Figure 4The top panel shows the results of the change detection analysis. The red polygon shows the area identified as potential landquake location for the main landquake event (i.e., LQ1–LQ4) identified by processing the Sentinel-1 pre- and post-event, while the gray polygon is the area hit by the rock avalanche (compare Walter et al., 2019). The white star and the yellow star show the locations of the largest segments for LQ5 and LQ6, respectively, as identified within the Bondasca valley. Also see the Supplement for more details on the segmentation results. The black dots show the epicentral locations provided by SED (see Table 1). The bottom plot shows scatterplots indicating the distribution of changes in radar backscatter versus normalized areas of the segments. The color map shows the normalized roundness. The segments associated to the landquakes are identified by the black arrows. See the text for more details.

4 Discussion

Seismic data are capable of providing indirect evidence of the time of landslide occurrence, also in inaccessible locations, but independent verification of the location is necessary for event confirmation and classification (Ekström and Stark, 2013). On the other hand, remote sensing data can deliver direct evidence of the areas hit by landslide events, but independent observations are necessary to identify the exact time of occurrence (Guzzetti et al., 2012).

We propose here an approach exploiting seismic and remote sensing (specifically, spaceborne SAR data), which is suitable for the development of automatic pipelines aimed at a systematic identification, location, and first evaluation of landslide events. We have shown, as an exemplary case, the application to a sequence of events that recently occurred in the Swiss Alps. Our results provide several hints on the potential application of this approach in operational scenarios. We have applied a STA/LTA approach for the identification of the event on an arbitrarily constrained temporal window. The STA/LTA method has shown to be suitable for the automatic detection of mass movements in continuous seismic records also for early warning purposes, although specific calibration of the parameters used is necessary and depends on the sensors, the network configuration, and local conditions (Coviello et al., 2019). One of the main arguments against the use of the STA/LTA approach in the detection of mass movement signals lies in the inaccuracy of the determination of the event's onset, which might cause errors in the subsequent location procedures (Fuchs et al., 2018). Since we refine the location using the remote sensing imagery, the STA/LTA approach is sufficient to constrain the candidate region for the change detection task. Inaccuracies up to few seconds of the STA/LTA detection that would cause large inaccuracies in location routines based on seismic data only would cause only negligible changes in the LLL function.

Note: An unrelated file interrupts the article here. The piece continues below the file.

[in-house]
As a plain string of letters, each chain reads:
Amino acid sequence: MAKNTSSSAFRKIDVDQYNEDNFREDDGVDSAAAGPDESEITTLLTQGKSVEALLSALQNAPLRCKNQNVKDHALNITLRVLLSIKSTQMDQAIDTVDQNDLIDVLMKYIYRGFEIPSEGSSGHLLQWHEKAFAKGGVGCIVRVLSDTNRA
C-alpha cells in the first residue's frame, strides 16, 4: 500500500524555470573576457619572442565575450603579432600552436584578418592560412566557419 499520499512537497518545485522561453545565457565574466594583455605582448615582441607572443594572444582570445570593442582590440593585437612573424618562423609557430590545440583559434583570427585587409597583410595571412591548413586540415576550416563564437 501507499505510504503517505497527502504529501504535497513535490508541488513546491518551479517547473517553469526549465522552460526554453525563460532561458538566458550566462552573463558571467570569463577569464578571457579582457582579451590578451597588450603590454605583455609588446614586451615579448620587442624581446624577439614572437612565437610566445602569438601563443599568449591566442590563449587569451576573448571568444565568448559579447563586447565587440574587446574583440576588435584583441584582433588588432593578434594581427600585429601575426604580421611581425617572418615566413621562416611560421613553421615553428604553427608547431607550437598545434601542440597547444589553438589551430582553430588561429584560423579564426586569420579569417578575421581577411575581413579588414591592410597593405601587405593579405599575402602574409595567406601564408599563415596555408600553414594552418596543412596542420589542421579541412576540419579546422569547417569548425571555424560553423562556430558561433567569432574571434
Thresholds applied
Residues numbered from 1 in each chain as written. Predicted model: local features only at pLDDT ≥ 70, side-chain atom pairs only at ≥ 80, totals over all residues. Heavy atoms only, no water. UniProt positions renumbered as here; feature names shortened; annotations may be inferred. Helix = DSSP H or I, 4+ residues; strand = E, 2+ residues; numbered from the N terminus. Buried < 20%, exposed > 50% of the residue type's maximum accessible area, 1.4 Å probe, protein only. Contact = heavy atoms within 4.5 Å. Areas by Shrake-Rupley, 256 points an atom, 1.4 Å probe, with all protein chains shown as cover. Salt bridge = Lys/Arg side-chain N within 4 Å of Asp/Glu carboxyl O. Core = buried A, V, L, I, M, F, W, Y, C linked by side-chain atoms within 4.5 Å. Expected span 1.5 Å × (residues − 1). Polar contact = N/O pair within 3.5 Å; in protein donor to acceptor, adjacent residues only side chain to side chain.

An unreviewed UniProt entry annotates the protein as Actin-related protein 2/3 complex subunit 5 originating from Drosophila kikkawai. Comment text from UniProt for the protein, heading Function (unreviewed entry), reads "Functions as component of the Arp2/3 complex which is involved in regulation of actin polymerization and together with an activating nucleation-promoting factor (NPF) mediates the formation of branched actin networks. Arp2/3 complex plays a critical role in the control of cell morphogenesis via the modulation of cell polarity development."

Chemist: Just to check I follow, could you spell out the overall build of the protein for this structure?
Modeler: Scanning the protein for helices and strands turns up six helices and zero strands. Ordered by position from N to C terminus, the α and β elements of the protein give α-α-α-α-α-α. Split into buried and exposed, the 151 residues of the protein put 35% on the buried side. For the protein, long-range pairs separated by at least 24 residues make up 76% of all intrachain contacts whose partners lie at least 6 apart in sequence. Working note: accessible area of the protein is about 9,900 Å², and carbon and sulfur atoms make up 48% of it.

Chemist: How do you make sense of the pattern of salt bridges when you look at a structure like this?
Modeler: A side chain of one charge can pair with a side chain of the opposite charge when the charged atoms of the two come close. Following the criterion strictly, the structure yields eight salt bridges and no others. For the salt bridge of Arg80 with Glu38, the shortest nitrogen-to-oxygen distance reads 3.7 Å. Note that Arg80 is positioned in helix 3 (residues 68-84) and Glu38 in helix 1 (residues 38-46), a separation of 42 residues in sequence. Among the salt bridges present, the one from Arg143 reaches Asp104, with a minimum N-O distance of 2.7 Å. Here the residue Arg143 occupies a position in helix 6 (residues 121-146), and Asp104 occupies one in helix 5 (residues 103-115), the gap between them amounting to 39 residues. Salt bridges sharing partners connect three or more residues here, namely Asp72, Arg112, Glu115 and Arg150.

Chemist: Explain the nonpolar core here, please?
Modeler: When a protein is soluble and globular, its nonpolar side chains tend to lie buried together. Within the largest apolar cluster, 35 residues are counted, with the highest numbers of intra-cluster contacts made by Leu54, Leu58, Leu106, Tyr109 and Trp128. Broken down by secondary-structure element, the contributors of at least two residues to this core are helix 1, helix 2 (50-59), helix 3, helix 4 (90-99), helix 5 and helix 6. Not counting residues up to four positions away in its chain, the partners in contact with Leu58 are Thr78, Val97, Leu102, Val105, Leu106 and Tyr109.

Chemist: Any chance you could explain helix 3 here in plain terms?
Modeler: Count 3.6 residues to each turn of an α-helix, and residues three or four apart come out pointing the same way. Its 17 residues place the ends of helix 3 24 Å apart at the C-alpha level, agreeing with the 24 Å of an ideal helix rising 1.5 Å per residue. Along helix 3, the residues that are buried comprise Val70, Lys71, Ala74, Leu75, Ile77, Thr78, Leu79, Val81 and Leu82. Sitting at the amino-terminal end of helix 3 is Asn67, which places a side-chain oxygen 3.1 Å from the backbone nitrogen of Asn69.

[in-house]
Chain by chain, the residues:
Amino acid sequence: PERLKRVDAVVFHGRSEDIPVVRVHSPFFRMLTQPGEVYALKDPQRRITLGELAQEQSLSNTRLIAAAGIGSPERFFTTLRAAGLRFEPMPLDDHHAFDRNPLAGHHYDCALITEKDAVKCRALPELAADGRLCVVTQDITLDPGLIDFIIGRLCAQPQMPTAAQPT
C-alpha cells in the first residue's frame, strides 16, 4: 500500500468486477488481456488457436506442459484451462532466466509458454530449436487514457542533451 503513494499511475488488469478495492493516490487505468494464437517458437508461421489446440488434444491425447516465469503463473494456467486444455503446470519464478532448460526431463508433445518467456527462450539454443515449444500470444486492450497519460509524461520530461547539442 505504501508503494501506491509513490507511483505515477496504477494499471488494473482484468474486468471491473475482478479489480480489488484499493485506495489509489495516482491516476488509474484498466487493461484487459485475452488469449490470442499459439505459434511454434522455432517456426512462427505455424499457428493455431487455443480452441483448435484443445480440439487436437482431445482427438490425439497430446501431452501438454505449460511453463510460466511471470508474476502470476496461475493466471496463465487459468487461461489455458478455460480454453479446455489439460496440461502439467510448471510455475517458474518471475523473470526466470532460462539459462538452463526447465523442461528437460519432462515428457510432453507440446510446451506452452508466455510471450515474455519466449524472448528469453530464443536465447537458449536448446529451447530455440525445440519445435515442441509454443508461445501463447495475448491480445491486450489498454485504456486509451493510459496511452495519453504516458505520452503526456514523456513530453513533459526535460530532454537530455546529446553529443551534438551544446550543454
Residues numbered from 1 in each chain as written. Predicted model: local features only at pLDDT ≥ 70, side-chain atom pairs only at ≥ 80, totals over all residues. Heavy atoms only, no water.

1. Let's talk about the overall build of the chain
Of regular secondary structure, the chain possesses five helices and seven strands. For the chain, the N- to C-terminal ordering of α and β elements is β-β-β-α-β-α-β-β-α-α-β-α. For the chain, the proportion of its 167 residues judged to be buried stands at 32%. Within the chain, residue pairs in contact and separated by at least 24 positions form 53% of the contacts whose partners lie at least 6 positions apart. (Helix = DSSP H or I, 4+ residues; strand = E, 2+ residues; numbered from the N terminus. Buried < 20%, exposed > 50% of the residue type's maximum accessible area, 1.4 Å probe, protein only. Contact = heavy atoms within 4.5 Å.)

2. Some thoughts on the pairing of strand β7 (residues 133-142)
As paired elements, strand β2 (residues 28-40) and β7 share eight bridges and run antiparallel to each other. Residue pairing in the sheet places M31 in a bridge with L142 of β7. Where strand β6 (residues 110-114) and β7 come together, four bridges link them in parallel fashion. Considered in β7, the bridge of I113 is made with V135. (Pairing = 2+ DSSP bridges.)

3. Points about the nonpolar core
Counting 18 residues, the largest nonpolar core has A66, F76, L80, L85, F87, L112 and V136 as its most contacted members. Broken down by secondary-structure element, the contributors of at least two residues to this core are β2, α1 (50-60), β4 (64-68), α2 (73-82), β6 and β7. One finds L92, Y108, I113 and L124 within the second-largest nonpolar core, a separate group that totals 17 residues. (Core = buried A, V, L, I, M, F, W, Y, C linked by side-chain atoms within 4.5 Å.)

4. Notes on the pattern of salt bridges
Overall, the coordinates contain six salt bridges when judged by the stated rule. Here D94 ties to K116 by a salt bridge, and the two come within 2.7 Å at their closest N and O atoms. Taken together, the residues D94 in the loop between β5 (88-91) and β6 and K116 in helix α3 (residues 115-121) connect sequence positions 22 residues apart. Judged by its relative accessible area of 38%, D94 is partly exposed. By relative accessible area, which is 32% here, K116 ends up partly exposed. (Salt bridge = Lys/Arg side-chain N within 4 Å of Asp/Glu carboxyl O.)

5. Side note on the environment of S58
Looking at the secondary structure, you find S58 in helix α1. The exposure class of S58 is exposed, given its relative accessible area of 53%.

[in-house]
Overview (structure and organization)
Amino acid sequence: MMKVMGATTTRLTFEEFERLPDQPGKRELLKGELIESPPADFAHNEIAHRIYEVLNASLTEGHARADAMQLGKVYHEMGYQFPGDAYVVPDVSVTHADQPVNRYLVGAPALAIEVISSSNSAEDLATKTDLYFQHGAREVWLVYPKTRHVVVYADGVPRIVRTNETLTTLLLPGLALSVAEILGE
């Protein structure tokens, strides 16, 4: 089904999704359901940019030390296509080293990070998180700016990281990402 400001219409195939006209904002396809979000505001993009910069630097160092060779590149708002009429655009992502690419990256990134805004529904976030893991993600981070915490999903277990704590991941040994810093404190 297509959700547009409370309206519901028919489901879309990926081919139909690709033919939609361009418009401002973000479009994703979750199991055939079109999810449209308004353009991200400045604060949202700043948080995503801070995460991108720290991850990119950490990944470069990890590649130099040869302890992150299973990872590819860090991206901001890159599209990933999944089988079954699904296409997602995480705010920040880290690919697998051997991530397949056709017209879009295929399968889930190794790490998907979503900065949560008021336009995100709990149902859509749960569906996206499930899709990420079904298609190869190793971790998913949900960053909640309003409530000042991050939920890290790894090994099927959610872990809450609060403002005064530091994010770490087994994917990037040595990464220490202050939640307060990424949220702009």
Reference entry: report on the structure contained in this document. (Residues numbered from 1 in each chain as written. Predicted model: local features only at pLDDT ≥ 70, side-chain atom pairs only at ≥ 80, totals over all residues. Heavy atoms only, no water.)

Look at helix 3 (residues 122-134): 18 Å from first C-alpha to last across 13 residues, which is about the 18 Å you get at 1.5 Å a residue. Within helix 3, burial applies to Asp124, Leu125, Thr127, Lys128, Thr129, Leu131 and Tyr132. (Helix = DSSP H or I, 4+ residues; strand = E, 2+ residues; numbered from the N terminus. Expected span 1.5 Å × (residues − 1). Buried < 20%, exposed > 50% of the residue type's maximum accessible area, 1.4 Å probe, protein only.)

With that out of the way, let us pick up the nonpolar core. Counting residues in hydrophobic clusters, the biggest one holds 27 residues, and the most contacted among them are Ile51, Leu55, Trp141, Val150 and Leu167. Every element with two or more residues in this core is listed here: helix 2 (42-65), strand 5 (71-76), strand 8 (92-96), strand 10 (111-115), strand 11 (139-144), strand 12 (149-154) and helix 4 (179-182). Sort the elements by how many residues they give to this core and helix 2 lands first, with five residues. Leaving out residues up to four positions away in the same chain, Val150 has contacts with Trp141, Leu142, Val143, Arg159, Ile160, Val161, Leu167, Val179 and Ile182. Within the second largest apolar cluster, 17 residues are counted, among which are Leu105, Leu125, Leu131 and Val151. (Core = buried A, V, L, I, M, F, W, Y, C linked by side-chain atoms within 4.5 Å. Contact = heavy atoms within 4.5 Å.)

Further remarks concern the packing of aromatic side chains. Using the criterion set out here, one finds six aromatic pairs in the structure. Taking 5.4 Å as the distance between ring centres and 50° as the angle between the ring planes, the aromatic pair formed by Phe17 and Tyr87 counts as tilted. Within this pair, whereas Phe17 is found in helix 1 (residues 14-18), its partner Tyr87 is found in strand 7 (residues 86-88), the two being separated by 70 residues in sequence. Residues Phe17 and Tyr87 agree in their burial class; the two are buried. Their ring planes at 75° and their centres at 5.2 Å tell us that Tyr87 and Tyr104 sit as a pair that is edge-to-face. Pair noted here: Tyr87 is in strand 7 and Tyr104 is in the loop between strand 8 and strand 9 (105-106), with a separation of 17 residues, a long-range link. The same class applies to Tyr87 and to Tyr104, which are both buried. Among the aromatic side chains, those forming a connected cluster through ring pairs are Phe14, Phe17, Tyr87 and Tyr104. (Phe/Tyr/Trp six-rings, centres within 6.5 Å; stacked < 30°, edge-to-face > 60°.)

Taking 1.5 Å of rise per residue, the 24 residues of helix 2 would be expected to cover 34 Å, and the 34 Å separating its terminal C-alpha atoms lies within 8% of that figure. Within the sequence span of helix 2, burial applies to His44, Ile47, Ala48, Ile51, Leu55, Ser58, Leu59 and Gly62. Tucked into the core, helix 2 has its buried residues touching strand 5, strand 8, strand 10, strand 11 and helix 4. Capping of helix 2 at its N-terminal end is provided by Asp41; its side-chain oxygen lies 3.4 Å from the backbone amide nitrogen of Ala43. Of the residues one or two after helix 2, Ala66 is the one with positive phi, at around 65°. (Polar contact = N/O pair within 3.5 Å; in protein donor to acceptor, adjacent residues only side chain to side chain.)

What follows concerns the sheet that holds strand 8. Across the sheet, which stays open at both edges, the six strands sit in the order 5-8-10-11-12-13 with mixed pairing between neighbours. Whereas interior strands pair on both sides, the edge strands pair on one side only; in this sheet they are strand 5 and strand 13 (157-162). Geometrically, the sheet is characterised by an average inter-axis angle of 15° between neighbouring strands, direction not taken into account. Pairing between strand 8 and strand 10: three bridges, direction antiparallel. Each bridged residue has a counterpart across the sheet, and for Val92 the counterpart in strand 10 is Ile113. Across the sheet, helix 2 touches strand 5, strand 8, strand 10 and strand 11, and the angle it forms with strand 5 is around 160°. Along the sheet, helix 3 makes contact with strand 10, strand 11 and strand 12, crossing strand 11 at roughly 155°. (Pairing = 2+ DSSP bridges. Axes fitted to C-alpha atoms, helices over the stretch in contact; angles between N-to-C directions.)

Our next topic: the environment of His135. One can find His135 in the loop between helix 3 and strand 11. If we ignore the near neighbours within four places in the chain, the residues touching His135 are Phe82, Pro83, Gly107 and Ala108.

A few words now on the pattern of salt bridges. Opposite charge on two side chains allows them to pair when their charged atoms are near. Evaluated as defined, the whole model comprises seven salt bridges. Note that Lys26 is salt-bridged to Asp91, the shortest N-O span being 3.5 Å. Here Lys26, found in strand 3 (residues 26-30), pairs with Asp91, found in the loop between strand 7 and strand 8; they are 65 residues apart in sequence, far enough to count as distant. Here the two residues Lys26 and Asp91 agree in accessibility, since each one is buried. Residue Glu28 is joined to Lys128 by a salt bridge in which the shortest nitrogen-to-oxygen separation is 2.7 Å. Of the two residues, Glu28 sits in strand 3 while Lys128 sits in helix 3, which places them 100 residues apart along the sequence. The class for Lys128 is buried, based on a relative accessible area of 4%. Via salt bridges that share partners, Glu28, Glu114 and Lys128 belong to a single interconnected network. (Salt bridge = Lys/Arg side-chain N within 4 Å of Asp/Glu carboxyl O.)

An important problem after the detection of an event is the distinction and/or classification of the signals recorded in continuous seismic waveforms (earthquakes, explosion, mass movements, anthropic sources, etc.). Several authors have proposed empirical-based relationships, signal processing, and/or machine learning strategies, which achieve good performances (Dammeier et al., 2016; Hibert et al., 2014; Moore et al., 2017). The approach used here, proposed by Manconi et al. (2016), shows that, in the Piz Cengalo sequence, all events could have been classified as landquakes. Moreover, the evaluation of the rockslide volumes based on the empirical relationship observed with the duration magnitude provided good agreement with independent volume measurements. The same approach has recently been implemented in an operational regional system in Taiwan and shows encouraging results (Chang et al., 2021).

Despite the candidate location being identified with a basic proximity approach, the source region is already reasonably well constrained for all six LQ events considered (see also Fig. S1 in the Supplement). This result is possible only when a relatively high spatial density of seismic sensors is available, such as the AlpArray network. We tested how the estimation of the area LLL > 0.95 would vary by omitting the nearest seismic stations (see Table 2). For LQ1 and LQ2, there is a clear increase in the LLL > 0.95 area, although the values in percentage with respect to the entire size of the network still show a substantial benefit in the reduction of the candidate area for the subsequent change detection analysis. In case of smaller events, the differences are difficult to evaluate because the number of stations operative at the moment of the event, the signal/noise ratio of the seismic data, and the grid interpolation step have a more relevant effect. The results of this test show that the size of the area for initial guess of landquake location is thus not only related to the distribution of the stations but also to the size (and likely the dynamic) of the event. At this stage, we cannot provide general network requirements that could be exported in other case scenarios. More advanced location routines can be applied, but the homogenization of procedures across large areas like the entire alpine chain is not straightforward. In addition, an increased level of complexity would not certainly correspond to an increase in accuracy for landslide location.